Most food colours used in India illegal

Researchers are recommending a review of food colours in India after finding that the bulk found in popular foods surpass legal limits and almost a fifth of products contain illegal colours.

A study published in the Journal of Food Science found 83.6 per cent of samples used in the research contained legalised colours but 58 per cent of these exceeded the allowable concentration limit of 100mg/kg.

Of the 16.4 per cent of the samples tested that used non-permitted colours, the most common was Rhodamine B followed by Orange II and Metanil Yellow.

Of the four zones, the East zone in India topped in maximum adultration (80.3 percent) both by crossing the approved limit of permitted colours (72.3 percent) and the use of non-permitted colours (28.7 per cent).

Sunita Dixit et al. analysed 2,409 samples of milk-based sweets, cereal based sweets and savoury products mostly commonly consumed based on surveys.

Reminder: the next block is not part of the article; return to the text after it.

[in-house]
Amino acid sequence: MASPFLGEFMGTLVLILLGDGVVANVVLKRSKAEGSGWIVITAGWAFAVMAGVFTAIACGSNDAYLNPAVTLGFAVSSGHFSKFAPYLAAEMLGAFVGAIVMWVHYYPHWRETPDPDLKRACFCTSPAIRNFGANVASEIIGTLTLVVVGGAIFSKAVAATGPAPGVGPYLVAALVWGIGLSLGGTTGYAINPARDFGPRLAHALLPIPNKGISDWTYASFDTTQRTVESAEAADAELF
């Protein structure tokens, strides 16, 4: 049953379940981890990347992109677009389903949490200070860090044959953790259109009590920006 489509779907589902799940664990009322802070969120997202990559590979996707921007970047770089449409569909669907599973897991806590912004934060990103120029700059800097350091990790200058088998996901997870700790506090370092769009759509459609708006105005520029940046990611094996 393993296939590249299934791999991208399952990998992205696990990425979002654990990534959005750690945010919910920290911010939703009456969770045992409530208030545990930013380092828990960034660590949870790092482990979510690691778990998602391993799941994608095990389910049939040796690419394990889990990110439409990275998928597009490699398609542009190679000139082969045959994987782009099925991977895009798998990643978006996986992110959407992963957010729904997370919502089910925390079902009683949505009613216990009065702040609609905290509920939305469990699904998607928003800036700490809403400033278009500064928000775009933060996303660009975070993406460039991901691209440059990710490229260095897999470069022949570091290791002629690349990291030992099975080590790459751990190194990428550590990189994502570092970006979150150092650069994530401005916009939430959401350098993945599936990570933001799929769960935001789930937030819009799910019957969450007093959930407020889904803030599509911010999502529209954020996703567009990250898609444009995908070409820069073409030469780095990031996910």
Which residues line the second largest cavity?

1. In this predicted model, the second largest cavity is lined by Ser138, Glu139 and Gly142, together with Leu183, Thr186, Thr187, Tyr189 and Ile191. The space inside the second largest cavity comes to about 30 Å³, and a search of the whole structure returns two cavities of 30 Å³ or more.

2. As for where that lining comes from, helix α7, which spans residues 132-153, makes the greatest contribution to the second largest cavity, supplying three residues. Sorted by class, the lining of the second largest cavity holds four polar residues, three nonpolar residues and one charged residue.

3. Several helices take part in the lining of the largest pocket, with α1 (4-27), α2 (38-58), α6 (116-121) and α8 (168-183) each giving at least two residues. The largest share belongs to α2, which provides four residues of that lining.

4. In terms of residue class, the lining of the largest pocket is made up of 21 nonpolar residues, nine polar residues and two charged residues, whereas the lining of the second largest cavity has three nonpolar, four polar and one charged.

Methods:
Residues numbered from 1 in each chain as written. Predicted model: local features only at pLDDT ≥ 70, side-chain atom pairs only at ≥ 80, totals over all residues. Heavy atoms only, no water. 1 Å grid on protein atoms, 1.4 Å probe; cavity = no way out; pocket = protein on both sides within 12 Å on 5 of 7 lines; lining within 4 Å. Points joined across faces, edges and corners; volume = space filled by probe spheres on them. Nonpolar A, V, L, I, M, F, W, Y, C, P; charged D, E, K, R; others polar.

The research found special cause for concern for children. The researchers conducted food frequency questionnaires with 791 people to gauge how often Indian consumers ate products with colours at a national level.

They found that children and adolescents had higher average daily consumption of coloured foods than adults.

“On the basis of average consumption of food commodities and average levels of detected colours, the intake of Sunset Yellow FCF saturates the acceptable daily intake limit to a maximum of 47.8% in children, which is a cause of concern,” the researchers said.

The Food Safety and Standards Authority of India allows eight synthetic colours in some foods at a consistent level of 100mg/kg. The acceptable daily intake for food colours is between 0.1 to 25 mg/kg body weight per day, foodqualitynews.com reported.

The researchers said the rules need to be reconsidered and governed by technological needs and consumption profiles of food commodities. They feel the vulnerable population should not be exposed to high amounts of synthetic colours.

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